Preventive Health

Dogs are living longer and healthier lives due to advances in veterinary care, better nutrition and better overall care by dog owners. Cotons can live 13+ years and there are many things you can do to better the odds your Coton will live a long life. Listed below are the things you can proactively do for your beloved Coton. If you feed a well balanced diet and make sure all preventive health guidelines are followed hopefully your Coton will live a long and healthy life with you.

 

Veterinary Care

Your Veterinarian is your number one ally in keeping your Coton healthy. They will administer the recommended vaccines required for the area you live in or may travel to. They will recommend the proper flea/tick prevention to use as well as the best heart worm prevention. They will monitor your Coton for lumps and bumps, check for blood work abnormalities, check the heart and overall health of the dog. Seeking veterinary care whenever there’s an emergency is important to the survival of your Coton. Make sure you call the vet if your Coton is sick, lethargic, bleeding, having trouble breathing, cannot walk, cannot get up off the floor or whenever something is “off”. Holistic veterinary care is becoming more and more important especially with issues with pain, arthritis, joint dysfunction, nutrition and organ functions. It’s not a bad idea to have a holistic on board to help with preventive health issues. Regular dental care is needed to maintain your Coton in the best health. Cotons have a relatively small mouth where bacteria can run rampant causing tooth decay and gum disease. Brushing your Cotons teeth every day, giving semi-hard bones and chew toys and dentals from your vet will help keep your Coton’s mouth healthy.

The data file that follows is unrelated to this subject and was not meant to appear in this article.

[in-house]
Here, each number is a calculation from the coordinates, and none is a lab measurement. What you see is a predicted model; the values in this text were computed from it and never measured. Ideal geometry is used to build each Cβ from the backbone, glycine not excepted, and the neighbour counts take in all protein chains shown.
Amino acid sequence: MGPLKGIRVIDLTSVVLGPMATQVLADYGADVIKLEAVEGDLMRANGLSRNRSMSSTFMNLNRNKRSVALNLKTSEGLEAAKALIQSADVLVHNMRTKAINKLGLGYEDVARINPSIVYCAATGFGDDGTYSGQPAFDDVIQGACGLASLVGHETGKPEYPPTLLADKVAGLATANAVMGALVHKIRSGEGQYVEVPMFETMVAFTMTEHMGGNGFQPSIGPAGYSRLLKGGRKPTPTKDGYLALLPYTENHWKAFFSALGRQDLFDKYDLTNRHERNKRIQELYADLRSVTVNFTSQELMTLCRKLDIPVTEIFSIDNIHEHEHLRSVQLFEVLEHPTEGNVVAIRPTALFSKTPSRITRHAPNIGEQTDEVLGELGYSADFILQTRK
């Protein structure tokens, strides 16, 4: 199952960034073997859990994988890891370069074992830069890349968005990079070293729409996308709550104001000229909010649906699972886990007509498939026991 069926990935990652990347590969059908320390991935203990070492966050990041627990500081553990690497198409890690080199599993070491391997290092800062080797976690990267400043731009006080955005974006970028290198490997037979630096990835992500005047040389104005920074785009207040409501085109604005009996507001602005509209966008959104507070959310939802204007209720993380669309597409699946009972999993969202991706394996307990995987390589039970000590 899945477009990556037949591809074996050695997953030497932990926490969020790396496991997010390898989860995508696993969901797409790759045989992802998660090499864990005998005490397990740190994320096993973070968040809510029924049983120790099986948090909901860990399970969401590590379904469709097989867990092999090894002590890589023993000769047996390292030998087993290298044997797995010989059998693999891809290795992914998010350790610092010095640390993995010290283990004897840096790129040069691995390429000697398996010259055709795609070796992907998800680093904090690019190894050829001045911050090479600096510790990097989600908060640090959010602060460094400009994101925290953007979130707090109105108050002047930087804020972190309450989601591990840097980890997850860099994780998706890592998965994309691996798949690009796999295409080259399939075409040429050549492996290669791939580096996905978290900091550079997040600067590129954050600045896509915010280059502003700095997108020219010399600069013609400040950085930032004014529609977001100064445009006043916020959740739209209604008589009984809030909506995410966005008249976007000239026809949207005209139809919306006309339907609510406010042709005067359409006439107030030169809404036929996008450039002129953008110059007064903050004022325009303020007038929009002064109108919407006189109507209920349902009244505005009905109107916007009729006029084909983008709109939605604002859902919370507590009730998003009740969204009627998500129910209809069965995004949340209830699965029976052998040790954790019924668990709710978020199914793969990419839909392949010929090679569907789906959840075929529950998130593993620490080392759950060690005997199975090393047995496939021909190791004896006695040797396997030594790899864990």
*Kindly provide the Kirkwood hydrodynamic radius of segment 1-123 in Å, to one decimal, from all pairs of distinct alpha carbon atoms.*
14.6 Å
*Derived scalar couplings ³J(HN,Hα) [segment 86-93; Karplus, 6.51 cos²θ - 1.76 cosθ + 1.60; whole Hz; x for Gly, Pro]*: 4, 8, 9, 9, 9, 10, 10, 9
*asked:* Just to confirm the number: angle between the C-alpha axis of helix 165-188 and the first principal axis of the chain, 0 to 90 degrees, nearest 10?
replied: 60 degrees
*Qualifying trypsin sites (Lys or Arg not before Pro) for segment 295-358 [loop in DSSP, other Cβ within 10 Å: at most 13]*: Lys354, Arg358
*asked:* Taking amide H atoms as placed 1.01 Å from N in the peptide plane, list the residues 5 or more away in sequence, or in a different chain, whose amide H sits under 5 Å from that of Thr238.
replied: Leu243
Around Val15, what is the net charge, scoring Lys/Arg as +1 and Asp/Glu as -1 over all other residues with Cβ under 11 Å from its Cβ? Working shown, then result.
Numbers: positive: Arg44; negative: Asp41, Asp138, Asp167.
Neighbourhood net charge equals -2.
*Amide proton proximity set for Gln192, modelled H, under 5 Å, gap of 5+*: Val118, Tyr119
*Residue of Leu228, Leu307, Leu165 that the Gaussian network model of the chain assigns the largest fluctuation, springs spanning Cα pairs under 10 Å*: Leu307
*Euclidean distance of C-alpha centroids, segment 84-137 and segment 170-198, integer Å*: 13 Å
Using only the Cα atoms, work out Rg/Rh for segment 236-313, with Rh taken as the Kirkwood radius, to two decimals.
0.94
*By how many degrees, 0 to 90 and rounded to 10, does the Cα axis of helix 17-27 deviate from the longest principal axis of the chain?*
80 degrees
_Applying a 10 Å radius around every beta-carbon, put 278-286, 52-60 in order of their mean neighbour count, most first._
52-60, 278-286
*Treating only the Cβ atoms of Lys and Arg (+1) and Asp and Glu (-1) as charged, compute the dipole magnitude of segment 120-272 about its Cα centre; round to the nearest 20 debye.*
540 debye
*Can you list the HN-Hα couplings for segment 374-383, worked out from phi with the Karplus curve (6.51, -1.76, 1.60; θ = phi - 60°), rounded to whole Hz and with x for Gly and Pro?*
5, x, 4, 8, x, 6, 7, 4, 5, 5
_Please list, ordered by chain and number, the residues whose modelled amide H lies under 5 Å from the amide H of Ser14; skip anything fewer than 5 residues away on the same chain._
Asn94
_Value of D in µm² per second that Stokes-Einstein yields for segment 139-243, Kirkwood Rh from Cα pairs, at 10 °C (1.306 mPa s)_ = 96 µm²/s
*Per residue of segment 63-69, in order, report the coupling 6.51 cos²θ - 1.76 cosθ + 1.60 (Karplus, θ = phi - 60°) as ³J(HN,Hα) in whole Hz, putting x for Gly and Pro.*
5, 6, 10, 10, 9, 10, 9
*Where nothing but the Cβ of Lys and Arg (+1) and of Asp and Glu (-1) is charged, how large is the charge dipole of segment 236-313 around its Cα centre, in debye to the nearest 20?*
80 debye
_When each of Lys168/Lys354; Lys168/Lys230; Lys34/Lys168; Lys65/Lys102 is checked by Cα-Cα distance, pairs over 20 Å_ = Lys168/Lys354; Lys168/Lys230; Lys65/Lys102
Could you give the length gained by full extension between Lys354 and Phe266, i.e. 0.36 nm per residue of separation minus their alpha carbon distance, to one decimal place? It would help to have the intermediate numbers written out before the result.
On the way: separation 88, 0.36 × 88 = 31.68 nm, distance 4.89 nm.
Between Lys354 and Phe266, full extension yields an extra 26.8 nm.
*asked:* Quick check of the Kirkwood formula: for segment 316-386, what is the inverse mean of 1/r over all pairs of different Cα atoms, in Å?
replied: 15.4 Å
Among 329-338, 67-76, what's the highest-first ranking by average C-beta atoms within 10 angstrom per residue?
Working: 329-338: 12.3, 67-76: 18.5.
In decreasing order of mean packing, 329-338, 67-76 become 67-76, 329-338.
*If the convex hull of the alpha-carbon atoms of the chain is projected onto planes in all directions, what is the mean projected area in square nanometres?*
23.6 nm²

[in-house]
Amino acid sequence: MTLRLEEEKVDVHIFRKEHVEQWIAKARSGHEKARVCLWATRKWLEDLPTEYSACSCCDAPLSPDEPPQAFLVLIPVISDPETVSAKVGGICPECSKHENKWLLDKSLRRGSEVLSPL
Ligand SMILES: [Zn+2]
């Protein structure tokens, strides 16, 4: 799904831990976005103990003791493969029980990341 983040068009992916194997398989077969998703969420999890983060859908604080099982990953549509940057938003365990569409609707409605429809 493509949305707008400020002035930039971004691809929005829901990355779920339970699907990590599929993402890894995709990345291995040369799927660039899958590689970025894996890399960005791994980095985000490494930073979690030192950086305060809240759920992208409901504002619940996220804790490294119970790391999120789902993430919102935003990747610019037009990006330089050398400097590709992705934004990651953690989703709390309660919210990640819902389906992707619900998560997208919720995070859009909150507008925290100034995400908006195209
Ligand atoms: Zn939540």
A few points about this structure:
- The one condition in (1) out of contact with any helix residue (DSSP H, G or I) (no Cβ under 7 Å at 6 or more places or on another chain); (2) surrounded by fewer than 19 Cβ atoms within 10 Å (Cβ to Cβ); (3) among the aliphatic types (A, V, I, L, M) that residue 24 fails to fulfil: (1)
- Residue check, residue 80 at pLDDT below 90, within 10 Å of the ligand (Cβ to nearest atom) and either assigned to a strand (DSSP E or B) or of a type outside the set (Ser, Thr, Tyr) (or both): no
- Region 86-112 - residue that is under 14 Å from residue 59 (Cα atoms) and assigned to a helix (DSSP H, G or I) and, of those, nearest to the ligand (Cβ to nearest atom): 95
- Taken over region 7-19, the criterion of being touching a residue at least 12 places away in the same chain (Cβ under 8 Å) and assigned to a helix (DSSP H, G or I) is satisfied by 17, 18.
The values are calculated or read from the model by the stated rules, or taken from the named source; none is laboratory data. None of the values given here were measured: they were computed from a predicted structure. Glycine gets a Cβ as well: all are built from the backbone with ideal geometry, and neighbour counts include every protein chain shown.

Home Care

By providing your Coton with the necessary things to maintain his health and well being the more likely he is to live a long and loving life. Try to keep your Coton from jumping on/off furniture to prevent back injury. Maintain the proper temperature for your Coton, not too hot, not too cold. Avoid leaving your Coton in the car above 60 degrees. Have the proper equipment to maintain their coat, skin, eyes, ears and feet. Provide a comfortable place for your Coton to hang out. Keep them from developing separation anxiety that will lead to possible stress related illnesses. Keep them completely away from poisons, chemicals, lawn fertilizers and weed killers, toxic substances and foods.

Nutrition